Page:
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What Does Thermal Performance Mean?

When we discuss the energy efficiency and thermal comfort of buildings, the topic of thermal performance takes centre stage. Especially when retrofitting existing buildings or designing new ones, understanding how to optimise the thermal behaviour is crucial. This is where external wall insulation comes into play. However, to truly comprehend the significance of this, one must be familiar with terms such as lambda values, U-values, and R-values. Let’s dive in!

Thermal Performance

Thermal performance is a multifaceted concept in the world of building science, encompassing how buildings respond to external temperatures and how they manage internal heat loads. Let’s break it down further:

1.1 Heat Transfer Mechanisms

Heat moves in and out of buildings through three main mechanisms:

  • Conduction: This is the transfer of heat through materials, like when the heat from a hot cup of coffee moves through the mug to your hand. Different materials have different levels of heat conduction, which is why understanding lambda values, as discussed later, is crucial.
  • Convection: This involves the movement of heat due to air currents. For instance, warm air rises because it is less dense, and cold air falls. Proper insulation can prevent cold drafts and uneven temperature zones in a building.
  • Radiation: This is the transfer of heat in the form of electromagnetic waves. An example is the sun heating a room through a window. Reflective barriers and specific types of glazing can help manage radiant heat.

1.2 Impact on Energy Consumption

The effectiveness of a building’s thermal performance directly affects energy consumption. If a building cannot retain heat in cold months, heating systems work harder, consuming more energy. Similarly, in hotter months, if a building absorbs too much heat or cannot expel it efficiently, air conditioning systems are burdened, leading to higher energy costs.

1.3 Comfort and Health Implications

Optimal thermal performance is not just about energy savings; it’s also about human comfort and health. Cold spots, drafts, and over-heated spaces can cause discomfort for occupants. Moreover, poor thermal performance can lead to issues like mould growth due to condensation, which can have health implications.

1.4 Environmental Considerations

Better thermal performance means reduced energy consumption. This not only reduces costs but also, when relying on non-renewable energy sources, reduces the carbon footprint of the building. As we move towards a more sustainable future, the importance of the thermal efficiency of buildings becomes even more pronounced.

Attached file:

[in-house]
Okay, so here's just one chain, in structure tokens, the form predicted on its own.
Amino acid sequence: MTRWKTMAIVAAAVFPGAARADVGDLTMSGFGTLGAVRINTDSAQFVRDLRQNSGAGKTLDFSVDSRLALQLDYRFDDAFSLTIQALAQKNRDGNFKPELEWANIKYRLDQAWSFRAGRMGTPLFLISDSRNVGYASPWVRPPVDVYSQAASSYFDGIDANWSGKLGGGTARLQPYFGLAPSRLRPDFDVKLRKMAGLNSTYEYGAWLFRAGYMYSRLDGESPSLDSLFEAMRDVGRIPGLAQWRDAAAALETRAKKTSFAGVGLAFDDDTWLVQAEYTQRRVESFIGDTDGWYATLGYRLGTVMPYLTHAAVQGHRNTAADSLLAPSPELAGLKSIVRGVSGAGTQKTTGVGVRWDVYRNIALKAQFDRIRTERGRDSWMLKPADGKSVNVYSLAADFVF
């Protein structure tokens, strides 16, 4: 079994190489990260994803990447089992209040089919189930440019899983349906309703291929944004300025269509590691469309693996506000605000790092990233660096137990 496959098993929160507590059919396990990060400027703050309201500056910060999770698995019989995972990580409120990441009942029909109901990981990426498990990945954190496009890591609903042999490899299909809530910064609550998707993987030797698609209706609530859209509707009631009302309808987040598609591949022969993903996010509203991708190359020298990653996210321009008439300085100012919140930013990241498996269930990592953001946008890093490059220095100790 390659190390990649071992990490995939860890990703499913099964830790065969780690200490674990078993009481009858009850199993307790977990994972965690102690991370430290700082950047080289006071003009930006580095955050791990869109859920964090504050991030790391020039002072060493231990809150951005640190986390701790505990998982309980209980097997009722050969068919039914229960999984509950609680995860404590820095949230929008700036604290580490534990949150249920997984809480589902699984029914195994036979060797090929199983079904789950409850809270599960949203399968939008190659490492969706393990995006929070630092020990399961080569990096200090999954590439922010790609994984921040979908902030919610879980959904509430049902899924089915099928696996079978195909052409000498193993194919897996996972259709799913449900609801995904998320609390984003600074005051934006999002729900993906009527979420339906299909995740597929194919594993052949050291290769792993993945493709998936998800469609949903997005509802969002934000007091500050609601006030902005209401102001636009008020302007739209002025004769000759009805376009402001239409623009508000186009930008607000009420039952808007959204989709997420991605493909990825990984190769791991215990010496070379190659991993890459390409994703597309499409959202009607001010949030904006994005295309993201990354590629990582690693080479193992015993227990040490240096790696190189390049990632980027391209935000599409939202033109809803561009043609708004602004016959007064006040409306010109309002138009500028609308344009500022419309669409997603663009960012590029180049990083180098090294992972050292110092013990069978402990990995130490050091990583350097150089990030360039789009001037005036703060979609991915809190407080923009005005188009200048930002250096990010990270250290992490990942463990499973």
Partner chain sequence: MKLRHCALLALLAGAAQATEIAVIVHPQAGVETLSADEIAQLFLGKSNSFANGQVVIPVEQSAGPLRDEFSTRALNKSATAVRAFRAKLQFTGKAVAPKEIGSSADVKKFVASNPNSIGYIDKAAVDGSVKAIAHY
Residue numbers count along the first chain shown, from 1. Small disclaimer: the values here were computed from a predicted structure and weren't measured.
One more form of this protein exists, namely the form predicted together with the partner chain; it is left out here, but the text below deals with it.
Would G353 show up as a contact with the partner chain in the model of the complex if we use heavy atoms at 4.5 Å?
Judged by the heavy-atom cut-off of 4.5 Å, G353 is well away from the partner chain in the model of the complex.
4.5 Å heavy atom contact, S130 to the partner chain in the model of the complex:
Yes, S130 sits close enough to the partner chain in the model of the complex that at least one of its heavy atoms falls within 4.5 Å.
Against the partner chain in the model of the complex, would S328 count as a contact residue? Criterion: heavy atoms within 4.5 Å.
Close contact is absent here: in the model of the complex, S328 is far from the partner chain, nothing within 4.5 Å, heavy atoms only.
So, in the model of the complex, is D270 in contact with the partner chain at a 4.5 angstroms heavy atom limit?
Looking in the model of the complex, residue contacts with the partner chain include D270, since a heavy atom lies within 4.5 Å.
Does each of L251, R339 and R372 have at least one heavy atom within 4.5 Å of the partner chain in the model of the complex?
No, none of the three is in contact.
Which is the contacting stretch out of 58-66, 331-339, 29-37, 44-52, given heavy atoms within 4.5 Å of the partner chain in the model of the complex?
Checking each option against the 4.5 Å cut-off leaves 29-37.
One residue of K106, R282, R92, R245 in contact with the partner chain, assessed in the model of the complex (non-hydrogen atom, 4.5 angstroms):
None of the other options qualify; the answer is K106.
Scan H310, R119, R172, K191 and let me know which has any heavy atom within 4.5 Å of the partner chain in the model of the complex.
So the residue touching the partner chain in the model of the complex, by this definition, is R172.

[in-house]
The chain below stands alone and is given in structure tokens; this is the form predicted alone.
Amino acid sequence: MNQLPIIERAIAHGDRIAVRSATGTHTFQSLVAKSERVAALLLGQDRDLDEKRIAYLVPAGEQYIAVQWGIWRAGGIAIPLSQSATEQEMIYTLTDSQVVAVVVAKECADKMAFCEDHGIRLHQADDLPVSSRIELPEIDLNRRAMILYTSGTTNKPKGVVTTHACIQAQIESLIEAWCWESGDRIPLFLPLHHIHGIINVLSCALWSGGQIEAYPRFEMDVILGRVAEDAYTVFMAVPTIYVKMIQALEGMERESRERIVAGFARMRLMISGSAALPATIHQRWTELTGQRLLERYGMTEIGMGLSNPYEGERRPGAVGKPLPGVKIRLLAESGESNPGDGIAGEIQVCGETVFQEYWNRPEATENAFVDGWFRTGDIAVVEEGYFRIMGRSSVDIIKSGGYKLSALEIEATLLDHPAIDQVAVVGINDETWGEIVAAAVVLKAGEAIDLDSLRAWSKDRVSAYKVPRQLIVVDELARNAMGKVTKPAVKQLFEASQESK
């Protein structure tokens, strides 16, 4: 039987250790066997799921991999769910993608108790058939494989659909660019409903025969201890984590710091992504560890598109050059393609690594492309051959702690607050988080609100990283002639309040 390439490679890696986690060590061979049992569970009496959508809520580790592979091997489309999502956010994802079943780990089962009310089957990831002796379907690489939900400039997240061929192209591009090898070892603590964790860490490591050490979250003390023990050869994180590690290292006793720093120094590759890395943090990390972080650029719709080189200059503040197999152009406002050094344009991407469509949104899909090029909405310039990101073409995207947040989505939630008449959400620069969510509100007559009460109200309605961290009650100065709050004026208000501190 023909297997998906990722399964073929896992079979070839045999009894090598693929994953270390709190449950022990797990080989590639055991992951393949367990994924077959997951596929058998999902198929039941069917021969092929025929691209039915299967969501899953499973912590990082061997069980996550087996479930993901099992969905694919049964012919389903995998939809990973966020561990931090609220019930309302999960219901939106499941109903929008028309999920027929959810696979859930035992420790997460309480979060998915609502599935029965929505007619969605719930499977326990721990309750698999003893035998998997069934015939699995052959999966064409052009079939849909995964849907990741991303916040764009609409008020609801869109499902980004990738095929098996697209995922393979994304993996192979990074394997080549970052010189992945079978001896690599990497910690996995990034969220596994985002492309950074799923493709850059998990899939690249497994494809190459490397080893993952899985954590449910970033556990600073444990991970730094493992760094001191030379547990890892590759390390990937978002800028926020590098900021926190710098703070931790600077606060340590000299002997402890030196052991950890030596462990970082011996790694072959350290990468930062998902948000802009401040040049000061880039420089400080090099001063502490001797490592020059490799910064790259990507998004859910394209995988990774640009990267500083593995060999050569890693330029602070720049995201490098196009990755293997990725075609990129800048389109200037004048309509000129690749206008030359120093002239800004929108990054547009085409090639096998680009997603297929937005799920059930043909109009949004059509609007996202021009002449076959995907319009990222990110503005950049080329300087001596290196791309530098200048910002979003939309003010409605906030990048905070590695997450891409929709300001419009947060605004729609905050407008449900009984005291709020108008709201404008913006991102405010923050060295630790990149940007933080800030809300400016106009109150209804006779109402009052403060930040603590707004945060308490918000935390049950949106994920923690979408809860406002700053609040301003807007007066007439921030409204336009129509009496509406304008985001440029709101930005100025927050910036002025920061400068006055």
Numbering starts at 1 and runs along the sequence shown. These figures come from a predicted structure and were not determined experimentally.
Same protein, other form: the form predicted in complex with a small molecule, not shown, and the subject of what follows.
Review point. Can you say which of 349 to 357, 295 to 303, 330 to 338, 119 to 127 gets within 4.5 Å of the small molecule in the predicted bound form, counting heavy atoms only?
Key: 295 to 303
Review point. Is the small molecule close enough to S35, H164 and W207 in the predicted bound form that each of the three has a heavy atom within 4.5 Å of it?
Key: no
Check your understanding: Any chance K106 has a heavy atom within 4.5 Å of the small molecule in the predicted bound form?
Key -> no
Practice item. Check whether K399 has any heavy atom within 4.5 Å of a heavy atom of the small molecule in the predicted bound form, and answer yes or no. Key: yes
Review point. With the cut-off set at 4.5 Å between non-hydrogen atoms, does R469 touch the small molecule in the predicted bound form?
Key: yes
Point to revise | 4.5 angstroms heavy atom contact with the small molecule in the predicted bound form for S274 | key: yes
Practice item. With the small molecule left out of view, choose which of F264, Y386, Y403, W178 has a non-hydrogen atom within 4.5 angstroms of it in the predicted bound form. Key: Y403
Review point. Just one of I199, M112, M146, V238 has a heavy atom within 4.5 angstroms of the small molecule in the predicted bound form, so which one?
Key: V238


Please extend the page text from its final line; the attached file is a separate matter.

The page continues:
Lambda, R, and U-values

Lambda value, commonly denoted by the symbol λ, refers to the thermal conductivity of a material. It measures how well a specific material conducts heat. The lower the lambda value, the better the material is as an insulator.

Given in W/mK (watts per meter Kelvin), common insulating materials often have low lambda values, meaning they are not good conductors of heat. This is what we want in insulation – materials that resist the flow of heat.

The R-value measures how well a material resists the conductive flow of heat. It’s the thickness of the material divided by its lambda value:

R = λ / d


R = Thermal resistance (m²K/W)

d = Thickness of the material (m)

λ = Lambda value (W/mK)

The higher the R-value, the better the material’s insulating properties. So, if you have two insulating materials with the same thickness but different lambda values, the one with the lower lambda value will have a higher R-value and, therefore, will be a better insulator.

While R-values measure the resistance of a single material, U-values measure how effective a construction element (like a wall or roof) is as an insulator. It considers all layers and materials.

The U-value is the reciprocal of the sum of the R-values of each layer:

U= ΣR / 1

Expressed in W/m²K, a lower U-value indicates better insulating properties. When discussing external wall insulation, the goal is often to achieve a wall with as low a U-value as possible to minimise heat transfer.

Thermal performance of different insulation materials

Insulation Material Thermal Conductivity (λ) [W/mK] Key Characteristics Common Applications
Expanded Polystyrene (EPS) 0.030 – 0.038 Lightweight, rigid, moisture-resistant. Widely used external wall insulation due to cost-effectiveness.
Extruded Polystyrene (XPS) 0.029 – 0.038 Denser than EPS, excellent moisture resistance. Basements, ground-contact scenarios.
Mineral Wool (Rock/Slag Wool) 0.035 – 0.040 Non-combustible, good sound insulation, vapour-permeable. Cavity wall insulation, fire-resistant applications.
Polyisocyanurate (PIR) 0.022 – 0.028 Closed-cell foam, moisture-resistant, excellent thermal performance. Spaces with minimal thickness where high insulation value is needed.
Polyurethane (PUR) Slightly higher than PIR Similar to PIR but can vary in certain properties. Spaces with minimal thickness, where high insulation value is needed.
Wood Fiber 0.038 – 0.050 Natural, breathable, good acoustic insulation properties. Ecological constructions, sustainable projects.
Cellular Glass 0.040 – 0.050 Inorganic, water-impervious, non-combustible, pest-resistant. Underground applications, flat roofs.
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